Once they were done, they all bowed to our thunderous applause and wandered off stage. Some folks left at this point, but the rest of us stuck around and began chanting "So say we all" as our own version of chanting "Encore!" over and over. Eventually the band came back out and played what I believe was "Black Market" once again, even harder than the first time, to our delight.

After that final song, we left the Roxy at about 11:45 PM, over three hours after first setting foot in the club. Personally, as I was leaving the club, I felt like I had just witnessed something…magical. I know that word might sound corny, but I’d rarely, if ever been so moved at a live musical performance as I was at this concert. The musicians were such professionals that, even if they missed a beat none of us noticed. The music itself was sublime. If I only have one disappointment of the evening, is that they didn’t play "Pegasus", which is my all-time favorite track on all four of the soundtracks.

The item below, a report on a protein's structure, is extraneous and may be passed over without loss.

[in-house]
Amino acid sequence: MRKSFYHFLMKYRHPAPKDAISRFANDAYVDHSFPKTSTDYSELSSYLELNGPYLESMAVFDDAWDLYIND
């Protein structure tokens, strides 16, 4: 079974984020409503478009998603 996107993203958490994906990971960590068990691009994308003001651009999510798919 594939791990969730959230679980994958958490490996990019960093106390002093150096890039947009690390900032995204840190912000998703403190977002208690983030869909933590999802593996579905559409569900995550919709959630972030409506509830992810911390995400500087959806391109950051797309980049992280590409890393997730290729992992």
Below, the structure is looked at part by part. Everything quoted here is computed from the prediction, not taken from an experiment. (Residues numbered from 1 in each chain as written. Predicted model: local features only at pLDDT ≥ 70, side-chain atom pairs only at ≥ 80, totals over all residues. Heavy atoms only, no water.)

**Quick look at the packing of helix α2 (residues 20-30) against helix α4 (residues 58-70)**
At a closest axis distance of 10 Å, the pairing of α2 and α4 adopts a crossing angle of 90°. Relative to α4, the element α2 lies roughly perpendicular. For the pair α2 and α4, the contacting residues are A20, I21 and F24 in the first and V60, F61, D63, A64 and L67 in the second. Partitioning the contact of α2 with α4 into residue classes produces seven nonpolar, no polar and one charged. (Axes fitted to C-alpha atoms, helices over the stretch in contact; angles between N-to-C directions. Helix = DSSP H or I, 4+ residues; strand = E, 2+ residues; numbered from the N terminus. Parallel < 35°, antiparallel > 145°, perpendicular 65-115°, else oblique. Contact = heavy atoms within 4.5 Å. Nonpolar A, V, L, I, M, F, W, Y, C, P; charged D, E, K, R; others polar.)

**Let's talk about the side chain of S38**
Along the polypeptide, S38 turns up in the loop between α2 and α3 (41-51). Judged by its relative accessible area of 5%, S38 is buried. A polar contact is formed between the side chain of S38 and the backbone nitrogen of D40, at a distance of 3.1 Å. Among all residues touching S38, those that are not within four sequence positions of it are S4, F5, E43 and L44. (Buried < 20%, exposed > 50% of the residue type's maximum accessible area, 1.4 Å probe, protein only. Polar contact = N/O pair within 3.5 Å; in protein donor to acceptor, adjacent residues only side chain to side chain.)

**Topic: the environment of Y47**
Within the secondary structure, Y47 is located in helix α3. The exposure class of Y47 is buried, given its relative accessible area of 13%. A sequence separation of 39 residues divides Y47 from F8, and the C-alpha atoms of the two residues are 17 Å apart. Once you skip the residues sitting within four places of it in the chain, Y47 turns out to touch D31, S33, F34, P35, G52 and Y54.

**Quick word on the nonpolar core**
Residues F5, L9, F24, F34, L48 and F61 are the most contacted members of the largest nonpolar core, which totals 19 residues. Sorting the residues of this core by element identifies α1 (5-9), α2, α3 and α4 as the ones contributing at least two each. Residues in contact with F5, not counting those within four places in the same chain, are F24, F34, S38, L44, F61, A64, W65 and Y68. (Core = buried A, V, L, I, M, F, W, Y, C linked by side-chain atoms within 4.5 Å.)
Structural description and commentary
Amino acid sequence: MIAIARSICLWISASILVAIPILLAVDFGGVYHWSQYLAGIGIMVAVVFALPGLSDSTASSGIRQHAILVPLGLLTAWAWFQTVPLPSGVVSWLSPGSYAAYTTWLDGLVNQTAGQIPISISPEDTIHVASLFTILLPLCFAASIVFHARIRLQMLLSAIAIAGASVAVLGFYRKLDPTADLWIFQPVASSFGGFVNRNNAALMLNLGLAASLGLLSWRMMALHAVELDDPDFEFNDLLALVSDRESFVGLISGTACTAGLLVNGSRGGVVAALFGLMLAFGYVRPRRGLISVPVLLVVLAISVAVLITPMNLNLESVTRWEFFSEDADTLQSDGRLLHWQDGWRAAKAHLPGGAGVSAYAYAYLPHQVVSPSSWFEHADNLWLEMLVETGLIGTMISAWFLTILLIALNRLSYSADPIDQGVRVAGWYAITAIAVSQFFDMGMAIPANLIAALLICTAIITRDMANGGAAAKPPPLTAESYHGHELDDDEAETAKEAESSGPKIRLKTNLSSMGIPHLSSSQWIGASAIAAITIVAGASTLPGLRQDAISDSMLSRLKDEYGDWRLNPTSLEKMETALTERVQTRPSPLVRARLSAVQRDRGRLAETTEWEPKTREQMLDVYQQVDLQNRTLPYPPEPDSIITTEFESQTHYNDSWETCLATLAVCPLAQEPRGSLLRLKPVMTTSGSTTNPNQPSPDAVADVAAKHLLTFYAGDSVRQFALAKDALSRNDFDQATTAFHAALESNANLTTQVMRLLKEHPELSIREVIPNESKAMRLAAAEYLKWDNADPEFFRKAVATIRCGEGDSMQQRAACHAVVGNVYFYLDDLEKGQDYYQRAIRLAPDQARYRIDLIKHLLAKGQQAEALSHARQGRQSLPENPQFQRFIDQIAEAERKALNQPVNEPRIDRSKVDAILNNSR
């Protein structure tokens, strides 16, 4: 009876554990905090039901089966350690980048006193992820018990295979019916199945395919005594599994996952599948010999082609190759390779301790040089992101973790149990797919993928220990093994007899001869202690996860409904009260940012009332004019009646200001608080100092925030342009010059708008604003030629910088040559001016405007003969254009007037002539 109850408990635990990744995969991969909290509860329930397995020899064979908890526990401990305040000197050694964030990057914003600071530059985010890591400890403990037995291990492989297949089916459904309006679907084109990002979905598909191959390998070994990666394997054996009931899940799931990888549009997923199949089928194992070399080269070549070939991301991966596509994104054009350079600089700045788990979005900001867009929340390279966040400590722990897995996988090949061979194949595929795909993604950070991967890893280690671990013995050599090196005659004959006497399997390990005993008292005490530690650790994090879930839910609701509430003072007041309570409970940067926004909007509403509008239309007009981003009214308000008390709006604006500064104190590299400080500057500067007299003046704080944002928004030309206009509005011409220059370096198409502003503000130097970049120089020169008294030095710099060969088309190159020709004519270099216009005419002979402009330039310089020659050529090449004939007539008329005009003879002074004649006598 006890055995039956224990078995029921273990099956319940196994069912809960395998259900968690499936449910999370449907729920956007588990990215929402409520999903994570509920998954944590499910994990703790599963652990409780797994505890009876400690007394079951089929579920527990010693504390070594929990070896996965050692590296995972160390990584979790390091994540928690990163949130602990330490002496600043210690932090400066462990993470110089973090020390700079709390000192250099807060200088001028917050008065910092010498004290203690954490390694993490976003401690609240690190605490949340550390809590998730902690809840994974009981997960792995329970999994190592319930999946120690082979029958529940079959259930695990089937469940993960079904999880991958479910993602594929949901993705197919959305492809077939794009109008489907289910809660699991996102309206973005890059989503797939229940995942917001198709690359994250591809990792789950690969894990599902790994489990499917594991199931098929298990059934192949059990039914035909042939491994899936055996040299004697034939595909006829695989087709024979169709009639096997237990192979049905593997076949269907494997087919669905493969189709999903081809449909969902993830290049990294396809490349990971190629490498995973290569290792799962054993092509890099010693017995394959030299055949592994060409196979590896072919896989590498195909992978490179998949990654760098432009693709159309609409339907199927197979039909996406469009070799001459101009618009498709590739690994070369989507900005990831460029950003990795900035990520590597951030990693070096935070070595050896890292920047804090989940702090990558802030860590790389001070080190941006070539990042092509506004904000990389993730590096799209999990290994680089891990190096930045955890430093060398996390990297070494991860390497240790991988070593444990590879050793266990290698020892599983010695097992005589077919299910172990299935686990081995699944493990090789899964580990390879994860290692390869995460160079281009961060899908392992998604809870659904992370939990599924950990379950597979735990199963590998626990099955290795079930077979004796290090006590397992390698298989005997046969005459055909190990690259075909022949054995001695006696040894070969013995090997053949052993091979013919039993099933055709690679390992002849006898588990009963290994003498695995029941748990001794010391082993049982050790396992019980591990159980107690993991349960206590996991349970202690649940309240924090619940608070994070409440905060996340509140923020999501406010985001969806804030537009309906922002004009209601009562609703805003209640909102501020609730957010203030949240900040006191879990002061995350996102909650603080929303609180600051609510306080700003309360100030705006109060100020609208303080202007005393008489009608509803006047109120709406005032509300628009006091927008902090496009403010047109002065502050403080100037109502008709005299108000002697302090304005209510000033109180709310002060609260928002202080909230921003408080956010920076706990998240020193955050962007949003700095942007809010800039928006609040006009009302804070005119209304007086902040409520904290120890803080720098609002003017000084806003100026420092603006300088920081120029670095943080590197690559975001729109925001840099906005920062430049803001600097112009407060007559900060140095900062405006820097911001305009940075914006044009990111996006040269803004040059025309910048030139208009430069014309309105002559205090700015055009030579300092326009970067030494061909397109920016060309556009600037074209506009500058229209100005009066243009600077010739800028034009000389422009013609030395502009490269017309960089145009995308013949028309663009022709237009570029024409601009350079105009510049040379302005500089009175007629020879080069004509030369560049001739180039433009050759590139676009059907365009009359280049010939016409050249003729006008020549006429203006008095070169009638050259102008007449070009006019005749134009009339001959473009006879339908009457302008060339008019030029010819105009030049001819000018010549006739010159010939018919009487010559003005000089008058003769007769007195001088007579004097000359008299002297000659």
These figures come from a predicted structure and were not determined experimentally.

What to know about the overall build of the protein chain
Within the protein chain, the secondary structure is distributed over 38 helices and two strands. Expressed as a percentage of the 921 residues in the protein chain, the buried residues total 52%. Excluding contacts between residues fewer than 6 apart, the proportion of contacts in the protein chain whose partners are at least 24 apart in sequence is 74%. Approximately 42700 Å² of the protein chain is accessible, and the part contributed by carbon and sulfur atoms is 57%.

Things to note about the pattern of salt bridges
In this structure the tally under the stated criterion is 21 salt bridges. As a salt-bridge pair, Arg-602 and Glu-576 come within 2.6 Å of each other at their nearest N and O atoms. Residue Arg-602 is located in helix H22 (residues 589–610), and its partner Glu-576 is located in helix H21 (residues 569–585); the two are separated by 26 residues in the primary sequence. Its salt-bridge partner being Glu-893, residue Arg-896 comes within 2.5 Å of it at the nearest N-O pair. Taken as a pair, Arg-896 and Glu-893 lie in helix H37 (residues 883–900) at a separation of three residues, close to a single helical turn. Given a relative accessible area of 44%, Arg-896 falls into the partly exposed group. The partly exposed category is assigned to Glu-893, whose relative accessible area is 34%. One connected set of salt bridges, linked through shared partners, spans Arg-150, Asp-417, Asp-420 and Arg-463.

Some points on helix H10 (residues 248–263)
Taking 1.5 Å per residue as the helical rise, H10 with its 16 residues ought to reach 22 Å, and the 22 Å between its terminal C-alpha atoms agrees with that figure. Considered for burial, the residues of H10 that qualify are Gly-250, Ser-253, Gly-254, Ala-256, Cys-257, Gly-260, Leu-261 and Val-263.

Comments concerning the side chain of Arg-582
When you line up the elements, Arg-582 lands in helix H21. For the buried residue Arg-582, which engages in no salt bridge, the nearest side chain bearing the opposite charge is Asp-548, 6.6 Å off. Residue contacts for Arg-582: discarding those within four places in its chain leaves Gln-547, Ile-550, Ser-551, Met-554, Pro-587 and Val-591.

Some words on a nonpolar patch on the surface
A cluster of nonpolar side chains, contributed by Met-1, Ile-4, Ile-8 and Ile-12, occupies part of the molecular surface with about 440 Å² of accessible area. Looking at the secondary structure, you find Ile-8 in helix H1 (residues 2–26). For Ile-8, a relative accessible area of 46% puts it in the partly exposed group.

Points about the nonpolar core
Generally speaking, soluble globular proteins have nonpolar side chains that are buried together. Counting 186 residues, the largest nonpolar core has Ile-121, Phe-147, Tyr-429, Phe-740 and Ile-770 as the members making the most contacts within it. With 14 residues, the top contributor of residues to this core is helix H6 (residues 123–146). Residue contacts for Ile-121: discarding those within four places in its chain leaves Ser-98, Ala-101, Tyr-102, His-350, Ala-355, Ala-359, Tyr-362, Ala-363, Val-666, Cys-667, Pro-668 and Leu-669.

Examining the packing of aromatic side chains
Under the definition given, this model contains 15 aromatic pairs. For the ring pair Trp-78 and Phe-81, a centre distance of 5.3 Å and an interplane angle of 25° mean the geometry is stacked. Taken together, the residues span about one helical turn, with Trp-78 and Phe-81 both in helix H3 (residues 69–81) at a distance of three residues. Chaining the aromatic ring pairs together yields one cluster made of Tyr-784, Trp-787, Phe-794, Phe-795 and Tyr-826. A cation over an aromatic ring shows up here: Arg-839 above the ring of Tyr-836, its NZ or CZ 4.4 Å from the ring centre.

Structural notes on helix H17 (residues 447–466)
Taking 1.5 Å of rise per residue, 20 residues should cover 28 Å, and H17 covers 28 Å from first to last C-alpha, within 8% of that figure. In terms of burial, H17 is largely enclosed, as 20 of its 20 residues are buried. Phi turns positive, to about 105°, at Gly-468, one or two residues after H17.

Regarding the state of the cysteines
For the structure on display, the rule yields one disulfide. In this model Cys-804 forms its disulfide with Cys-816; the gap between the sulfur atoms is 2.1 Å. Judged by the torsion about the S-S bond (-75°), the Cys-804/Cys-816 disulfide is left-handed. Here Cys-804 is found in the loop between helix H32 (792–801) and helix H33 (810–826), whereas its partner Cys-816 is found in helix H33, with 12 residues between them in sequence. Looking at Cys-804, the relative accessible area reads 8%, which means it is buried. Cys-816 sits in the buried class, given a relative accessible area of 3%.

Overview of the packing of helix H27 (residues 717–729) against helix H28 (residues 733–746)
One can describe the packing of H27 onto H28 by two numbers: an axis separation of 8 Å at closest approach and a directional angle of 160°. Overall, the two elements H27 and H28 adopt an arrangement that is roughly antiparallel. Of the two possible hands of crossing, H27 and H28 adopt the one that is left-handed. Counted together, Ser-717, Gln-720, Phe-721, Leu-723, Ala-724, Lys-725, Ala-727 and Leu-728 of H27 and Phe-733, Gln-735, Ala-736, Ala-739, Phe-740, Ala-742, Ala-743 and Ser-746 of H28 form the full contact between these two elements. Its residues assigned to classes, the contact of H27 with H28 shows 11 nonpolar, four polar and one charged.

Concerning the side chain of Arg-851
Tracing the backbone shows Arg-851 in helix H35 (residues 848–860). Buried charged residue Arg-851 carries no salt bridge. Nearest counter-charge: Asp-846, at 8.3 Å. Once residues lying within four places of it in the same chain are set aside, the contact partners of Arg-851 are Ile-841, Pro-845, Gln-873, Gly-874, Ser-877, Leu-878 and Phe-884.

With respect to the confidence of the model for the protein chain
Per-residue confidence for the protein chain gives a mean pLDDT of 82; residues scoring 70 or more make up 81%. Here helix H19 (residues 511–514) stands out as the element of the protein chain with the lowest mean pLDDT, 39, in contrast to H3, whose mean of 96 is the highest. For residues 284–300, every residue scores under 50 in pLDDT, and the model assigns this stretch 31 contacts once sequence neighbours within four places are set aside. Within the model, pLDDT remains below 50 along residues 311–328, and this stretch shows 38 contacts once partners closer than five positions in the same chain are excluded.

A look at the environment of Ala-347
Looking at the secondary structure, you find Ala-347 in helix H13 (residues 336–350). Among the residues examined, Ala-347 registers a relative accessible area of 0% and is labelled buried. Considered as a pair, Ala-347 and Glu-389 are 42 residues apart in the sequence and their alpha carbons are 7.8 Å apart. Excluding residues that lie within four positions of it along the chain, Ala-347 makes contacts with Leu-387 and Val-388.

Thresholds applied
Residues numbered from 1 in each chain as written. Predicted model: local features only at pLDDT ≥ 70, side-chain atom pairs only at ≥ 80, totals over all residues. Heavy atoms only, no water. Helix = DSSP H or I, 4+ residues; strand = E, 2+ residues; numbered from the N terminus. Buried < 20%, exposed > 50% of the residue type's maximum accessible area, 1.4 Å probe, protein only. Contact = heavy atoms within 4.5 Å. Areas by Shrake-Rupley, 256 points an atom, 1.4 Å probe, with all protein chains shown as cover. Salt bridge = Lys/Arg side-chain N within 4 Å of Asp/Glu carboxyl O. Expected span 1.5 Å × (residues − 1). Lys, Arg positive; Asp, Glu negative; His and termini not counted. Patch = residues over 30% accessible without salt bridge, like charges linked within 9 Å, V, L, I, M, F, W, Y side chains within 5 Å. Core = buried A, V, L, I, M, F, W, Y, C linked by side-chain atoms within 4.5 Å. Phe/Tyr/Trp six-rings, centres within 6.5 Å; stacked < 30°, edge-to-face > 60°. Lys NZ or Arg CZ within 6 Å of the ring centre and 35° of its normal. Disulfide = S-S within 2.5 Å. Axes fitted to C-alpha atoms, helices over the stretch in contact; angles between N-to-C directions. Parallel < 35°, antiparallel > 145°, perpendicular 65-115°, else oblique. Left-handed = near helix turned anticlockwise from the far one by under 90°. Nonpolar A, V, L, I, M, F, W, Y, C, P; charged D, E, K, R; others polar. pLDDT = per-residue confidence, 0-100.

So, I’ve tried my best to convey the beauty of what was a sublimely audible experience in a purely written fashion, and I hope I’ve succeeded. The Music of Battlestar Galactica concert was an amazing event, one that was worth every sore muscle in my feet and legs (from standing for over four hours). I can only hope they decide to put on more of these, because I’d love to see this more often, even after the show ends next year.

 

To see the entire Music of Battlestar Galactica Concert photo album, click here.